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the short arms, and center battery and motor placment could change how much flex affects the jrxs in comparison to cars with a more common layout, Iv noticed that the long frt camber link as a major change on that car.....
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Old 01-31-2006, 05:49 AM   #25
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Mdoc- It will have to do.

We did run the milled rib experiment on the TC3 with a good driver at Reflex. We had proper side to side balance with both setups. Lap times were indistinguishable full rib or milled rib.
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Old 01-31-2006, 06:39 AM   #26
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John,
Just wanted to add, I'm pretty sure no F1 teams use just flexures for suspension. Most of the A-arms are solid stiff carbon tubing (aerodynamically shaped), with a blade connecting into the tub. Instead of using a rose-joint, they use the blade's instead. Fathead has commented on this already.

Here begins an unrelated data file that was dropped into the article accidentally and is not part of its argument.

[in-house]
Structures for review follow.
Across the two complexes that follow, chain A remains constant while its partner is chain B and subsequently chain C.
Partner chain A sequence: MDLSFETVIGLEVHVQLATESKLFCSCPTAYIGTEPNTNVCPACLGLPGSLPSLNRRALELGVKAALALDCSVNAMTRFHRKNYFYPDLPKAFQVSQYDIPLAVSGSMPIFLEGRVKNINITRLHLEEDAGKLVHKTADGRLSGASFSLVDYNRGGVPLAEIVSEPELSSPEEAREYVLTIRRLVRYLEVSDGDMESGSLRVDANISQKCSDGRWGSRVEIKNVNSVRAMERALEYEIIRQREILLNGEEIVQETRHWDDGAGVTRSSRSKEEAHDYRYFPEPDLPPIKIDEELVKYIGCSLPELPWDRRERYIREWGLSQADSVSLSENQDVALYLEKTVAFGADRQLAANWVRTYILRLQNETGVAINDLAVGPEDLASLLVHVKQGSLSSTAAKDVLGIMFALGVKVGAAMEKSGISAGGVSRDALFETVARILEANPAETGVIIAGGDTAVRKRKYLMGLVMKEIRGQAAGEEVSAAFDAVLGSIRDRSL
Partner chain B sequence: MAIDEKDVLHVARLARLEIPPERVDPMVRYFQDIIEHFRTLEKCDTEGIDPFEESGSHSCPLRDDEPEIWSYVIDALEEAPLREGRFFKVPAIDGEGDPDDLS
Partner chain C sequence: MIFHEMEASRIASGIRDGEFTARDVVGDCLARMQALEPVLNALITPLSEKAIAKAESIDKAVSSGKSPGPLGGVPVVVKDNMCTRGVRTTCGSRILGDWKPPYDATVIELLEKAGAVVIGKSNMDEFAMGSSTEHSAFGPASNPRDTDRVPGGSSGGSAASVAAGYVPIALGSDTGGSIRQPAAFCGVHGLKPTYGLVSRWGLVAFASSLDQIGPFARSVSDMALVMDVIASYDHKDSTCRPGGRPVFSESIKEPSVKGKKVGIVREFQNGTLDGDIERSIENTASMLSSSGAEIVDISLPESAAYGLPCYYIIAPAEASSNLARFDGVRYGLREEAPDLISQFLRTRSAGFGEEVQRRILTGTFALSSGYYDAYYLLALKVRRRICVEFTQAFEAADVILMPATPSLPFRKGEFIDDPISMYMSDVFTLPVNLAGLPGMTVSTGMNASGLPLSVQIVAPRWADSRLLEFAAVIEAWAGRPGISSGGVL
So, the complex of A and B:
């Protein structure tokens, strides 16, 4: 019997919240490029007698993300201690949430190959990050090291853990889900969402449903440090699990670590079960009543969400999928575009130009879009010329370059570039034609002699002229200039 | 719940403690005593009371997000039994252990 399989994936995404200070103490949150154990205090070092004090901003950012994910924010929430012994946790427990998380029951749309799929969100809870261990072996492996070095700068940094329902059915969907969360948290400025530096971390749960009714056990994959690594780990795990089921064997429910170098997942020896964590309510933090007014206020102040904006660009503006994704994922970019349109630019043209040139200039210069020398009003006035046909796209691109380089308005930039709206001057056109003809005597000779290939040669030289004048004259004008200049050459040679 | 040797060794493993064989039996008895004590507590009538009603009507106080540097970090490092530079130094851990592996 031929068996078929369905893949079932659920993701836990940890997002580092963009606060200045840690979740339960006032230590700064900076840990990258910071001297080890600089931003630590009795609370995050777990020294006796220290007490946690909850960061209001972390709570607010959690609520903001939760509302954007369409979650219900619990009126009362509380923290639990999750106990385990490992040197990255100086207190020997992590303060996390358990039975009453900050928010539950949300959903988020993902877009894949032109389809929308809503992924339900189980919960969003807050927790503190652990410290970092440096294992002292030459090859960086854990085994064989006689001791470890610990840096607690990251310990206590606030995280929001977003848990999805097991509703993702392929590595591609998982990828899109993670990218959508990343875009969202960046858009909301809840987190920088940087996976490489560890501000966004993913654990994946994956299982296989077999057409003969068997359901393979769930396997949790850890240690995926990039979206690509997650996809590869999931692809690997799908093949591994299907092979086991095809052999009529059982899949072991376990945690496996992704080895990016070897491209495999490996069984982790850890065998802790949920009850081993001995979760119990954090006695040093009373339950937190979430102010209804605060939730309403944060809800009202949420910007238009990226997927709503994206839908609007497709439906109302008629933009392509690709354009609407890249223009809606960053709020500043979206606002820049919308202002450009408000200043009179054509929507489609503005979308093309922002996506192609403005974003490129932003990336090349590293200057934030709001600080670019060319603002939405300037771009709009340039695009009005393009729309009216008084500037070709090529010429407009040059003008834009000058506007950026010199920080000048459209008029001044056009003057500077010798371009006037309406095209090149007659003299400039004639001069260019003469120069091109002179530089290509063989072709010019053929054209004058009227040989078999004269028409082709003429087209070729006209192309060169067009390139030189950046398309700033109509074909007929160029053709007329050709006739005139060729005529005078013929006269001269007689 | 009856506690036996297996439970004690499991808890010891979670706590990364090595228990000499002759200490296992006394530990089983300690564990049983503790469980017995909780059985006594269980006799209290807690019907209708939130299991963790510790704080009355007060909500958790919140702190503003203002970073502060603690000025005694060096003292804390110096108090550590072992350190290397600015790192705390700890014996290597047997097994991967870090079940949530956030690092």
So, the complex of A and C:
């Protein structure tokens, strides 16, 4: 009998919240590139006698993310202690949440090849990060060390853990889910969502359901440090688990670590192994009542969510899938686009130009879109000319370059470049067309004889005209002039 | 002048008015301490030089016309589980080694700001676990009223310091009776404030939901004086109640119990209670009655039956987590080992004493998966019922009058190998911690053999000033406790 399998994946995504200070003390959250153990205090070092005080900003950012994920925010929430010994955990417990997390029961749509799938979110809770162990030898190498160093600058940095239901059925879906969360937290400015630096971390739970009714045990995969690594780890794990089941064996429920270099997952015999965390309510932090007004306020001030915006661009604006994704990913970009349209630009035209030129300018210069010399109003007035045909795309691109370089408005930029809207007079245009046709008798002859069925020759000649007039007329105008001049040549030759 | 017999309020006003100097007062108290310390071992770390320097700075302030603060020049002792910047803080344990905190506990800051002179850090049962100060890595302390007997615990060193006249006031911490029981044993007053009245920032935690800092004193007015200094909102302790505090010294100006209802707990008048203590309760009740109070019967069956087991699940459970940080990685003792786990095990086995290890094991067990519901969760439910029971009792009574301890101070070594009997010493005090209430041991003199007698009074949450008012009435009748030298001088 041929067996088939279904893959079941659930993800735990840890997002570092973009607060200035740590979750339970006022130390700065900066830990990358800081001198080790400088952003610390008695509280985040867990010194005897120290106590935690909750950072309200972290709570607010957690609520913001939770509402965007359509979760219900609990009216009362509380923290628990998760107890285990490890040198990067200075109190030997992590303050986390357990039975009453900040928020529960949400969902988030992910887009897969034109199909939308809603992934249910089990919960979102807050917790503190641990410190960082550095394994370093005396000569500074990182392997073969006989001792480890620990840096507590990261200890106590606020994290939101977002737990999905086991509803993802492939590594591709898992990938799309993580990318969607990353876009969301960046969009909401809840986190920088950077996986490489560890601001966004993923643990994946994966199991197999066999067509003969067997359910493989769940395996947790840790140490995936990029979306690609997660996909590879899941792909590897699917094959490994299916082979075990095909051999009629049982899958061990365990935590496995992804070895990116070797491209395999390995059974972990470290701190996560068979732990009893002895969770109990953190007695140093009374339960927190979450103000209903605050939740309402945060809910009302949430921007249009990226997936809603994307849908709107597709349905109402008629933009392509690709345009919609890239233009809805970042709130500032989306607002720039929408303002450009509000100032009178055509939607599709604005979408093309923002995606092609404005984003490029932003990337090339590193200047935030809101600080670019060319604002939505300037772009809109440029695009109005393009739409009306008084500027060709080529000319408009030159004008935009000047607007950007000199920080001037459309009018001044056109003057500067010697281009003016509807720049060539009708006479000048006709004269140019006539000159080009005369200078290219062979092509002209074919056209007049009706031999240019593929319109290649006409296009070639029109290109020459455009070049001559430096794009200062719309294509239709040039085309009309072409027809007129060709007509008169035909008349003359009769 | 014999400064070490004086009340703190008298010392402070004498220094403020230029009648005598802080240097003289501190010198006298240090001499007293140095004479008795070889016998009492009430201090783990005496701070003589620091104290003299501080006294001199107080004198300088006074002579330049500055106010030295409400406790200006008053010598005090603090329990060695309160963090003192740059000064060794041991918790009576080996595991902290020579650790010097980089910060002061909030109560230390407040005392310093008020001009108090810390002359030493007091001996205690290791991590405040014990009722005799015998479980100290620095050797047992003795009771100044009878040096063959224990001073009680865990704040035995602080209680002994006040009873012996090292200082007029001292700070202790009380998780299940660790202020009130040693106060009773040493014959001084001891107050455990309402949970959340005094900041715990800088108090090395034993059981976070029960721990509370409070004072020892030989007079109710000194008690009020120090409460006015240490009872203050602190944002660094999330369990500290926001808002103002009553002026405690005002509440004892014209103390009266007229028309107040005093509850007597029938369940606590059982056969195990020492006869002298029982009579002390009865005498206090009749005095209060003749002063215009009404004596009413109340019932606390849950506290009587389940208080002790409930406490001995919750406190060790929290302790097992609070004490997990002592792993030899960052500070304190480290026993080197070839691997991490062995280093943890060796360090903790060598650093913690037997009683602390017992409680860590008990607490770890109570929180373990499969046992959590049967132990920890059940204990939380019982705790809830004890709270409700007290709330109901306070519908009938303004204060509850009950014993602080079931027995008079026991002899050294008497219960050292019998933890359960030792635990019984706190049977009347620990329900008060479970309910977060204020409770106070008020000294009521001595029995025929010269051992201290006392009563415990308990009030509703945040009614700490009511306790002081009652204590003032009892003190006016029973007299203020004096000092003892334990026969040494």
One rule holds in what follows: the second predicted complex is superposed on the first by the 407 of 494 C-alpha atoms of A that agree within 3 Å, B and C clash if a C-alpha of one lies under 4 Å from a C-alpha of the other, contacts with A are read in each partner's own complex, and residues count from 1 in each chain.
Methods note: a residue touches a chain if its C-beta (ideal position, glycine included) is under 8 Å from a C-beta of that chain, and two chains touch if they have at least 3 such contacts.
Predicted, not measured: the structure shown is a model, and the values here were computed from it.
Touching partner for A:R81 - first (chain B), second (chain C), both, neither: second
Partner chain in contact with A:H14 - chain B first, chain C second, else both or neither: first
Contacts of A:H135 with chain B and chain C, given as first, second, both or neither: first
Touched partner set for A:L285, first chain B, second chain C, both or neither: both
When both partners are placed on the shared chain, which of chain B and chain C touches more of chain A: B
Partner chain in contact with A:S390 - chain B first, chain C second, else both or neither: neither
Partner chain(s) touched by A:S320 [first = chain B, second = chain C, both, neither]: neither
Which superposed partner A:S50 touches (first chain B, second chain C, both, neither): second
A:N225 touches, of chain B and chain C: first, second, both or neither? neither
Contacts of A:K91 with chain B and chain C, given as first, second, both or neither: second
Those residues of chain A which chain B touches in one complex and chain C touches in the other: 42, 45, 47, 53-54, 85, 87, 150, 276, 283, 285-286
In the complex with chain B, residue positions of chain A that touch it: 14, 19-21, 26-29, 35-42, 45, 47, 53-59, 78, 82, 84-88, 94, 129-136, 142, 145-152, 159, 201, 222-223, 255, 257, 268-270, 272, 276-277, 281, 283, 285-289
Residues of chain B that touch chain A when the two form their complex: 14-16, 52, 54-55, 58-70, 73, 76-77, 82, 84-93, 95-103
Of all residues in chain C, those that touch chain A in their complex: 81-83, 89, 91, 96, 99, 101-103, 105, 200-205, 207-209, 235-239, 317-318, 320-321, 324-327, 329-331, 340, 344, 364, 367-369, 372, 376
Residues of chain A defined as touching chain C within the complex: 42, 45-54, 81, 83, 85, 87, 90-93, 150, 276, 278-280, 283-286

Springing is controled by Torsion bars, and the damping now seems to be either by rotary damper (ferrari), or a longitudinal through-damper (toyota). Don't forget most teams also incorperate a third spring/damper unit to control pitch.

I'm in agreement with adrian, that given the difference in the suspension systems on and F1 and our RC cars, it is very difficult to compare them. The only car that I can recall that used a push-rod suspension system was the Tenth-Technology T1, in about '98 - '99.

I do find a more felxable chassis better in certain situations. For example, last year I tried a back to back test on my old 415. It was a std car, with a 3mm thick chassis. I firstly ran the car with the 4 chassis posts in the car, and then removed them for the next run, without changing anything else on the car.
The car handled much better without the posts, more than anything it coped much better with the bumps at my local track, whilst also generating more traction. Car was faster by a couple of tenths a lap because of it. I was more consistent too, as the car wasn't being thrown off line due to bumps.